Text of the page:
New Jerseyans will smell something different in the air after the New Year holiday, and it ain't coming from the local garbage dump. The Garden State is soon to become the15th state (plus D.C.) to legalize marijuana for recreational use. The bill, currently being fought over by the Senate and State Assembly, will go into effect on January 1, 2021 and – should it mimic other “legalized” states’ provisions -- will allow smokers to possess up to an ounce of weed.
New Jersey is apparently struggling with how to allocate tax revenue and whether to limit the number of marijuana growers in the state (and the bill has yet to pass either house). However, an overwhelming majority of voters approved a referendum, and given the financial benefits acknowledged by all, the bill is sure to be passed in short order.
With other jurisdictions throughout the country enjoying significant tax revenues from marijuana sales, an increasing number of states are following suit. In some respects, it’s an acknowledgment that the Reagan-era “War on Drugs” has been lost – at least as far as marijuana is concerned. Since consenting adults are going to find a way to obtain and use drugs, legalization allows state governments an opportunity to gain some control over the product’s manufacture (to better ensure safety and reduce deadly additives that take the lives of thousands of Americans per year) and to share in the profits.
In California, the state legislature, with input from residents, decided to apply cannabis tax revenue towards funding youth programs and the school system. Such a strategy, in theory, seems like one that would have a positive impact on poverty-stricken cities experiencing severe financial issues and cash-strapped budgets -- such as Detroit, MI and Baltimore, MD.
Because marijuana is still illegal on a federal basis, that has caused some problems for distributors at the state level, who constantly live in fear of federal raids and are hampered by an array of interstate commerce restrictions. Since the flow of illegal drugs into the United States can’t be stopped, governments might as well look into the issue with a more pragmatic viewpoint, and use the revenue to solve other social ills and problems, just like California has done.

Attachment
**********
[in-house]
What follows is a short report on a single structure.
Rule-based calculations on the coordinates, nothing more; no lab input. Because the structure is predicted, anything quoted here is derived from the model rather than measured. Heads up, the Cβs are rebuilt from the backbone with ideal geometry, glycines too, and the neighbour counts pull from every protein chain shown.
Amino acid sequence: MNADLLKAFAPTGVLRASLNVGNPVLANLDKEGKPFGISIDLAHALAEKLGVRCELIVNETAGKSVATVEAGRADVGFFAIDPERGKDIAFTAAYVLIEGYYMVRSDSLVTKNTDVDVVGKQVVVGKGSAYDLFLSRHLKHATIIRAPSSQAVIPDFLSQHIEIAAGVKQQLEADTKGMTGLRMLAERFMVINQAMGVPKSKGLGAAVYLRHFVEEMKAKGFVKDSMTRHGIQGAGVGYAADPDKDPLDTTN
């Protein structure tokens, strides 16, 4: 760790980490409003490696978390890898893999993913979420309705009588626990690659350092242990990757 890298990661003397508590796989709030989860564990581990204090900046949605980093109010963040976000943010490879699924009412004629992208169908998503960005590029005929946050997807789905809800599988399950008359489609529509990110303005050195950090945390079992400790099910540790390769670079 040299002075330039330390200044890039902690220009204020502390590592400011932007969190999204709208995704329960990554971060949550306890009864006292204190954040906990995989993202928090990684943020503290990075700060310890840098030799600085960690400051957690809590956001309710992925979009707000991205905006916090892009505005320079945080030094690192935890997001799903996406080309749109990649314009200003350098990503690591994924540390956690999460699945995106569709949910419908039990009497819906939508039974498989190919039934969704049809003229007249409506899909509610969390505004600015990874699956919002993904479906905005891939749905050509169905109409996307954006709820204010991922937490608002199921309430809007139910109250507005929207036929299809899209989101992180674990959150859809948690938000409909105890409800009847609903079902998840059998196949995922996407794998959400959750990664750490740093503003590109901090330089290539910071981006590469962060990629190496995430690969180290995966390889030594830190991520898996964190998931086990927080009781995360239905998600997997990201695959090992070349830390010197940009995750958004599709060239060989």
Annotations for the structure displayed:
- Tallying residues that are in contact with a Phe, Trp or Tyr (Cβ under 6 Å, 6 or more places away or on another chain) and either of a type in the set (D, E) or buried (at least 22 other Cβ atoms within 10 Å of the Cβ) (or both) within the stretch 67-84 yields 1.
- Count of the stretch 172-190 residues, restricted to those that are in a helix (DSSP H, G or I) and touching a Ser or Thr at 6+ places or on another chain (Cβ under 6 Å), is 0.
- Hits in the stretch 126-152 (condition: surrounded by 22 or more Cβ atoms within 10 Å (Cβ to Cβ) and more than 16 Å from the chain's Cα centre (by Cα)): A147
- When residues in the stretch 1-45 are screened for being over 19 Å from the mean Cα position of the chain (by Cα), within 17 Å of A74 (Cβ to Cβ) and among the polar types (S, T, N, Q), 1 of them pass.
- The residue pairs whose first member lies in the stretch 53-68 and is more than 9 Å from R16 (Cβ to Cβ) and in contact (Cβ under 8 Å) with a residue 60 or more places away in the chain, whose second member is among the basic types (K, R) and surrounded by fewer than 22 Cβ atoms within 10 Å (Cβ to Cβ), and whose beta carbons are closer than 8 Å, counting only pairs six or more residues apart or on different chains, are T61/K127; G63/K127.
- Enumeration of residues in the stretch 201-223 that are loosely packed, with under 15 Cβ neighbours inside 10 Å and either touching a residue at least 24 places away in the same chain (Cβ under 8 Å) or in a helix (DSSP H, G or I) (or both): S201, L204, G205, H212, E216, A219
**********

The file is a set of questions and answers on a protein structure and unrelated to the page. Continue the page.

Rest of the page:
With New Jersey in such proximity to NY, the latter’s residents are also wondering how long it will take until they'll be able to roll up a joint without fear of consequences. Last year, New York decriminalized marijuana – meaning smokers receive a fine, as opposed to being arrested, if they're caught with a minimal amount of weed. Even before that law passed, (unless people were engaged in high-level distribution), most police officers and other officials tended to look the other way at small time, non-violent marijuana offenders.
A recent poll showed that sixty-one percent of New Yorkers favor the legalization of recreational marijuana use at the state level, compared to 30 percent who are opposed. NY Senate Majority Leader Andrea Stewart-Cousins (D) said during a press briefing that, “it’s not so much a matter of if, it’s a matter of when and it’s a matter of how.” NY’s Governor, Andrew Cuomo, has also implied that marijuana will most likely become legal for recreational use in the coming months, citing that the anticipated tax revenue will help bridge the financial gap caused by the COVID pandemic -- making legalization too sweet of a deal to refuse.
Whether or not you are in favor of legalization, it seems that the green generated by that plant is now squarely in the sights of most local governments.